By Mark Terry, for FierceMobileHealthcare
The number of organizations that offer patients and consumers mobile apps increased 13 percent in the last year, according to the results of the 3rd Annual HIMSS Analytics Mobile Survey.
Thirty-five percent of the 170 respondents indicated that their organizations now offer the patient apps, up from 22 percent that provided the technology last year. Other mobile tools offered to patients include access to patient portals, telehealth services and remote monitoring devices, the survey found.
In keeping with the growth of mHealth initiatives, 59 percent of respondents reported that their organizations have mobile technology plans in place. Furthermore, another 29 percent said their organizations are in the process of developing such plans.
However, organizations are concerned with data security with regard to those plans. Almost all respondents (95 percent) indicated that they use at least one privacy and security approach--and passwords (94 percent) are the most popular method. More than three-quarters (78 percent) said they use multiple methods to secure data on mobile devices, a significant decrease from last year's report of 89 percent. Other methods used typically included encryption measures and remote wipe capability, according to respondents.
Responding organizations also said they were interested in the return on investment of such tools and strategies. Nearly half (48 percent) of respondents said they formally measure ROI related to mobile technology investment.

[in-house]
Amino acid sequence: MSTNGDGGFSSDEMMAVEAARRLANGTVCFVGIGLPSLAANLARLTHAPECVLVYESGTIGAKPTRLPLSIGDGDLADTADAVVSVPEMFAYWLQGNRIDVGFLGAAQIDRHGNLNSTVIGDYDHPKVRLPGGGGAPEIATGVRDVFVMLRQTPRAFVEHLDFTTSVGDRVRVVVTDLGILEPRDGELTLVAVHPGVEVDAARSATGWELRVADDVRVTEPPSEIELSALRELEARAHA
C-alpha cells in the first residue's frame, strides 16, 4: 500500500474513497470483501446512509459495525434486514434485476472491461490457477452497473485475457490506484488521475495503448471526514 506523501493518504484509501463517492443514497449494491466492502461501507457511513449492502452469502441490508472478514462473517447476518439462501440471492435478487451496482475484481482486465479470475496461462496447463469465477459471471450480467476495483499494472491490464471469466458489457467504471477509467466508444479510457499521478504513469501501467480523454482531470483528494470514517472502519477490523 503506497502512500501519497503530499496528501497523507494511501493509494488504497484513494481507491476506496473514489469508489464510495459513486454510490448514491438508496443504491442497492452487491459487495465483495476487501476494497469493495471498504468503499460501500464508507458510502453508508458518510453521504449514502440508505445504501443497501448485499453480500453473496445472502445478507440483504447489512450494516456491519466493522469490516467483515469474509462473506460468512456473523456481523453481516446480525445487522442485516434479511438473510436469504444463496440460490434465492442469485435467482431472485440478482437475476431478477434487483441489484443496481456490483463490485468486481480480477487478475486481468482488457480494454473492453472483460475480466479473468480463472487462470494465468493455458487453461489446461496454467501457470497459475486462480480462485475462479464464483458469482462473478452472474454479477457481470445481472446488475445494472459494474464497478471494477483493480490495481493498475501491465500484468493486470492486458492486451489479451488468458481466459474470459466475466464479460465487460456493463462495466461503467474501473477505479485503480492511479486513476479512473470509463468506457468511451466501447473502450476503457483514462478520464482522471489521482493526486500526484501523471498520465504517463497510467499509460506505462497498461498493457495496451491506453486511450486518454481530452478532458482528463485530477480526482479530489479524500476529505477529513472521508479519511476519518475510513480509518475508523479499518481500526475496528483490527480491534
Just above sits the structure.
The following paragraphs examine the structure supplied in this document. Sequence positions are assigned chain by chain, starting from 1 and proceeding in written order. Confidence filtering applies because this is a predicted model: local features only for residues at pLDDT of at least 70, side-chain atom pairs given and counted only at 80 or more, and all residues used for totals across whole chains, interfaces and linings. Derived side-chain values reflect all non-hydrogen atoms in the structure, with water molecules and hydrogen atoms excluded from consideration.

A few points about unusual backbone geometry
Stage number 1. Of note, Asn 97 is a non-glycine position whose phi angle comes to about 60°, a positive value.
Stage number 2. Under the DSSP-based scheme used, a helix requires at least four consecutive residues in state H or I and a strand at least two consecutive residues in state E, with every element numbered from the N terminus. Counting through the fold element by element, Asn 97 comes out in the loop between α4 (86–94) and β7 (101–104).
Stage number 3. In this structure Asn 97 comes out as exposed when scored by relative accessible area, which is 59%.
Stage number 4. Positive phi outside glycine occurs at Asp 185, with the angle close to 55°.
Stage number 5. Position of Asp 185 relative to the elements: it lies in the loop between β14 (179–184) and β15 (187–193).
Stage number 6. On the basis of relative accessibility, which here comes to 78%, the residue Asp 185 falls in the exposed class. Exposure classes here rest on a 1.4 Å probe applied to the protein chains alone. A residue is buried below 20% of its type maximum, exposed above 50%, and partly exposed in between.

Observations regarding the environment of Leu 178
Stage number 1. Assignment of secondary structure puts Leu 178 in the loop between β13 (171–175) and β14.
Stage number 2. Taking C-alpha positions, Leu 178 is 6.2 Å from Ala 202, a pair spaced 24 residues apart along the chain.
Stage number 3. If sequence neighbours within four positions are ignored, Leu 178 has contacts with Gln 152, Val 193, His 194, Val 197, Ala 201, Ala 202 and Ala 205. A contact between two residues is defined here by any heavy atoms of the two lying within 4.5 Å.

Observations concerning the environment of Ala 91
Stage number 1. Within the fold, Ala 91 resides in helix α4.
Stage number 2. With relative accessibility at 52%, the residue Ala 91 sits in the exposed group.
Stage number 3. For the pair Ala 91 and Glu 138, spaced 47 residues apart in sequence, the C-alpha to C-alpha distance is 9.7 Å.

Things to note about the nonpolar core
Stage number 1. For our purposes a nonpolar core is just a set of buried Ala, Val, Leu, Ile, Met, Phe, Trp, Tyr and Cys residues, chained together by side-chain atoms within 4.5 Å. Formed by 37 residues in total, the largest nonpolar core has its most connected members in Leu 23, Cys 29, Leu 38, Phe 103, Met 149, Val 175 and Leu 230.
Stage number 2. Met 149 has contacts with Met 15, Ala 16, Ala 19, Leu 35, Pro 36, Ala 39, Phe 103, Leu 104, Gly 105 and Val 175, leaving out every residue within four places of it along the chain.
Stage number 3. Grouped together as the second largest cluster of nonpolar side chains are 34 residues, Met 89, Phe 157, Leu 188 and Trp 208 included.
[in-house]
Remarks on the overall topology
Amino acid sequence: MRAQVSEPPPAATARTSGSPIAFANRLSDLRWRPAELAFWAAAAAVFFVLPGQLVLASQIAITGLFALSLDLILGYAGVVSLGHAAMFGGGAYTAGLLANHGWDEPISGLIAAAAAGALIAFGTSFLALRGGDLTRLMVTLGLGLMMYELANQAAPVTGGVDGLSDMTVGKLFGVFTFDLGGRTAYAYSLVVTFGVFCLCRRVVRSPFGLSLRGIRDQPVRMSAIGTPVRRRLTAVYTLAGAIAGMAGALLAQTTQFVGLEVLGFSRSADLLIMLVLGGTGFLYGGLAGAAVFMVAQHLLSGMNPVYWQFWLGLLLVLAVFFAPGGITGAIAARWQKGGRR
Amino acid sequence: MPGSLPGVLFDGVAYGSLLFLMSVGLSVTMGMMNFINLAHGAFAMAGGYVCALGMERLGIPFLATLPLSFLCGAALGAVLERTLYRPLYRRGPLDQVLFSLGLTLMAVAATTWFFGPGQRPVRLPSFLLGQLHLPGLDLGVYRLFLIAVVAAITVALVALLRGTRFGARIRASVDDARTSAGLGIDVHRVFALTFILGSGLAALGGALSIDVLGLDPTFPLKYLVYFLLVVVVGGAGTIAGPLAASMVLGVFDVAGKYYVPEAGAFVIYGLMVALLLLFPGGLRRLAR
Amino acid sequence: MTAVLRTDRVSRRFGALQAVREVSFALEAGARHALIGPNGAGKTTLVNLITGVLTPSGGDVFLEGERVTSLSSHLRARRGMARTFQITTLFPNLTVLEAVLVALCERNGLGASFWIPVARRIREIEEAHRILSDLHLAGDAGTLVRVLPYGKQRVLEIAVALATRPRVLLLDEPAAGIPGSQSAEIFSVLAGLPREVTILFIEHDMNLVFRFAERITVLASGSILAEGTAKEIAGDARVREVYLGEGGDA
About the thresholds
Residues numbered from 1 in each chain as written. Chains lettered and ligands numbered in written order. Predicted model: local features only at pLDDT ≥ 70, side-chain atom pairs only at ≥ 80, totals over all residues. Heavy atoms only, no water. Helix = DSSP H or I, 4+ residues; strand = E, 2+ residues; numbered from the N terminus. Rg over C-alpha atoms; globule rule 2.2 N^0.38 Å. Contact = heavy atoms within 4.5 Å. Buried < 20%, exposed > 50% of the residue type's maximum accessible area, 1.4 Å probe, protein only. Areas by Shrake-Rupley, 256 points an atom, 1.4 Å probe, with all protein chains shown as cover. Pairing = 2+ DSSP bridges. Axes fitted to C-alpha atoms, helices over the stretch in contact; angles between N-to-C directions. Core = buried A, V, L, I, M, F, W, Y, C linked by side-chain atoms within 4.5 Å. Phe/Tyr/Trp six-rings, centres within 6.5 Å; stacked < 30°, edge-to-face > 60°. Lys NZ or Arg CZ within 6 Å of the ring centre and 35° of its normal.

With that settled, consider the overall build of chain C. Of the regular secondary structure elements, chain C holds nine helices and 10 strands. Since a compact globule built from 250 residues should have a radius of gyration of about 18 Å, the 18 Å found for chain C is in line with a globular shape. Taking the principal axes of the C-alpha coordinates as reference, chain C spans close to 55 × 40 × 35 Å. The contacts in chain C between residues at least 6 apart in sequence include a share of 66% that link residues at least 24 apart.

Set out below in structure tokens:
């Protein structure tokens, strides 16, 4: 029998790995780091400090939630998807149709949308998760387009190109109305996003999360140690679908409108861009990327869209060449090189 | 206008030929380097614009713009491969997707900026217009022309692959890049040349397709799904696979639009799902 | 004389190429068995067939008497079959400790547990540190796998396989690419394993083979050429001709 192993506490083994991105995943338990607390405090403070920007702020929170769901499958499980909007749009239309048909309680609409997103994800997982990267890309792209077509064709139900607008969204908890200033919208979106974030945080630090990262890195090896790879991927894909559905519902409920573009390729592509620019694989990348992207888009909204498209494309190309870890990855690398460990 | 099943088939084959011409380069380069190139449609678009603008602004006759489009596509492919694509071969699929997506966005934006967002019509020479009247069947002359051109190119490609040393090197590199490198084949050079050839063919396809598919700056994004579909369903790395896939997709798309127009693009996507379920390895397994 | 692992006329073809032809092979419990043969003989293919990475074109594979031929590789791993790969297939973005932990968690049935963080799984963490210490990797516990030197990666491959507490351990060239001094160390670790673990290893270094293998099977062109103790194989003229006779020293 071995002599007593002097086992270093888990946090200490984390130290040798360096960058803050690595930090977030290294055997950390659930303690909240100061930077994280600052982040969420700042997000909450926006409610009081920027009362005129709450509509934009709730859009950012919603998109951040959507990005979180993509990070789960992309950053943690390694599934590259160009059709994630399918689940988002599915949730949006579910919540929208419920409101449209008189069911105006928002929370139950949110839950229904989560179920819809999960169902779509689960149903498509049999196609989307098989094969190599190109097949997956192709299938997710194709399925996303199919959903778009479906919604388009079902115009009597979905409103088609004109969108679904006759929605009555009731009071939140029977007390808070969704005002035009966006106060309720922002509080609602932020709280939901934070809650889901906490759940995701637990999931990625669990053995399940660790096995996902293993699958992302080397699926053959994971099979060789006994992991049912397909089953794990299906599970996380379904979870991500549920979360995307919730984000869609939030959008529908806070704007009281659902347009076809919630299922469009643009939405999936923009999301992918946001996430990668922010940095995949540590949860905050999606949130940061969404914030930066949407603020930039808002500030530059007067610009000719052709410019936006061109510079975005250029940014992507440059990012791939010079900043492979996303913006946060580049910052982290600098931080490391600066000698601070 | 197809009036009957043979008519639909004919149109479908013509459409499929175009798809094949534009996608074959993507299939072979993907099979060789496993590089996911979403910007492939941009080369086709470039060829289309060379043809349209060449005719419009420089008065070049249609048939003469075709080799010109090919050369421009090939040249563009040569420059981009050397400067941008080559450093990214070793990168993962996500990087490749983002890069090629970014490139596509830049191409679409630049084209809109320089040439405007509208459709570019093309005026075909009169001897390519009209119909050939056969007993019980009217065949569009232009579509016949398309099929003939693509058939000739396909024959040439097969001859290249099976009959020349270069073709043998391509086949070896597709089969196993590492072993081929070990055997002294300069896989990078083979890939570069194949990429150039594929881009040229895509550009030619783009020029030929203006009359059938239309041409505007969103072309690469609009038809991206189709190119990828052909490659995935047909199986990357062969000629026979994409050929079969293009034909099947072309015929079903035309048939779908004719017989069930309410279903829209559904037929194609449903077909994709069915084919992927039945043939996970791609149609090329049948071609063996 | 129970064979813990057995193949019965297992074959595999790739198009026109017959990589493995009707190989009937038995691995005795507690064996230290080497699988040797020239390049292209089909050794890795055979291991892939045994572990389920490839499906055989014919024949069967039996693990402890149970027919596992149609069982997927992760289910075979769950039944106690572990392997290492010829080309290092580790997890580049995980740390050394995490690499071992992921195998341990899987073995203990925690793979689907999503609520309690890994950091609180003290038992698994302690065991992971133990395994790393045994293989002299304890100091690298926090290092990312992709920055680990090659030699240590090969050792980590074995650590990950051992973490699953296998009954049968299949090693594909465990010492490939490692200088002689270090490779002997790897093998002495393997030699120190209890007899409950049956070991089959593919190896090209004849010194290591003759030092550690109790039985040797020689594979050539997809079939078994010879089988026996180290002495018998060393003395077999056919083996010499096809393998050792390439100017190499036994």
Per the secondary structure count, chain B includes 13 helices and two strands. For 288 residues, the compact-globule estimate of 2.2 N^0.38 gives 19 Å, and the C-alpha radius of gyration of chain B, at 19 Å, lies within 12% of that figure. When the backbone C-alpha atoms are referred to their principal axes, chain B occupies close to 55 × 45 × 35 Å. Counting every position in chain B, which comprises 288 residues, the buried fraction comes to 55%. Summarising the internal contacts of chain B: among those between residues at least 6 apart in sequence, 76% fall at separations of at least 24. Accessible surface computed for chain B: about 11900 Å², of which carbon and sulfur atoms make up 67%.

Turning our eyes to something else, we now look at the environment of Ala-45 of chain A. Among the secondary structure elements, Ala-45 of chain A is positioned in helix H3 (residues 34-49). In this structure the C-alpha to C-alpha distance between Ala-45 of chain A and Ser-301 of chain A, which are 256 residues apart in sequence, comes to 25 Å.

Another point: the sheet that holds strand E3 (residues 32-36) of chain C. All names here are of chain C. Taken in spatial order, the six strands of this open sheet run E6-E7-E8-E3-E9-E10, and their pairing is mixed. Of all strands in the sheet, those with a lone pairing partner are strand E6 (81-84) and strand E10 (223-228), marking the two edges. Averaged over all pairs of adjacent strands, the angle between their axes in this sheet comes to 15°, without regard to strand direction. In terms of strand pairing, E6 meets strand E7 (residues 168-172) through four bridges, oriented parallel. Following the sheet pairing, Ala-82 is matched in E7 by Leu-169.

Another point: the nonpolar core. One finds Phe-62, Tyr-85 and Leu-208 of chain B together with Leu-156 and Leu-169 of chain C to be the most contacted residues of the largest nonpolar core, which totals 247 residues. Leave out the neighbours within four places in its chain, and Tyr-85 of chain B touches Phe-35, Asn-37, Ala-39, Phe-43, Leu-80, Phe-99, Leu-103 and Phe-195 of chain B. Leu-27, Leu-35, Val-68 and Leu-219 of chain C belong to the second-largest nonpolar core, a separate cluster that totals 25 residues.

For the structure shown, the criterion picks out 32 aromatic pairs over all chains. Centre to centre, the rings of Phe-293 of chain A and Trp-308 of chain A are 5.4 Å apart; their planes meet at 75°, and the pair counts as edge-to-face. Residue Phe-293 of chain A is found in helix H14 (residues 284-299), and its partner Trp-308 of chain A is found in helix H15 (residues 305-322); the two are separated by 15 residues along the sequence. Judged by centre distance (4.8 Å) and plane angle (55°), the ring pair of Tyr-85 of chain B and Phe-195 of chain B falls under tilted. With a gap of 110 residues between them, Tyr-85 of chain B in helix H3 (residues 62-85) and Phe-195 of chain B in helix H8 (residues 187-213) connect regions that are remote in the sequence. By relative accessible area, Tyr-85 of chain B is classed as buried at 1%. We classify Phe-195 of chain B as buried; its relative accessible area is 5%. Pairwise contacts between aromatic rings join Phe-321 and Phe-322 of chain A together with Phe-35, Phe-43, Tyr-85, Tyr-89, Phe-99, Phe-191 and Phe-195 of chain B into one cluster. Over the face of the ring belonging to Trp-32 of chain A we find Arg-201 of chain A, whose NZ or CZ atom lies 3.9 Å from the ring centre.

The survey also explored clinicians use of mobile technology. Most (69 percent) reported that their clinicians use it to view patient information, such as laboratory results or digital images. About two-thirds (65 percent) indicated they used it to look up non-protected health information, such as clinical guidelines.
"The survey reflects mobile technology as a transformational tool, as demonstrated by nearly all of the respondents supplying mobile technology to clinicians," David Collins, senior director of mHIMSS, said in an announcement. "This is a great example of how providers are integrating mHealth into today's healthcare workflows. There is still work to be done by formally embracing mobile implementation strategies and measuring ROI."
A poll of 1,500 physicians across the country by QuantiaMD released earlier this week found that 37 percent have prescribed a mobile medical application to their patients.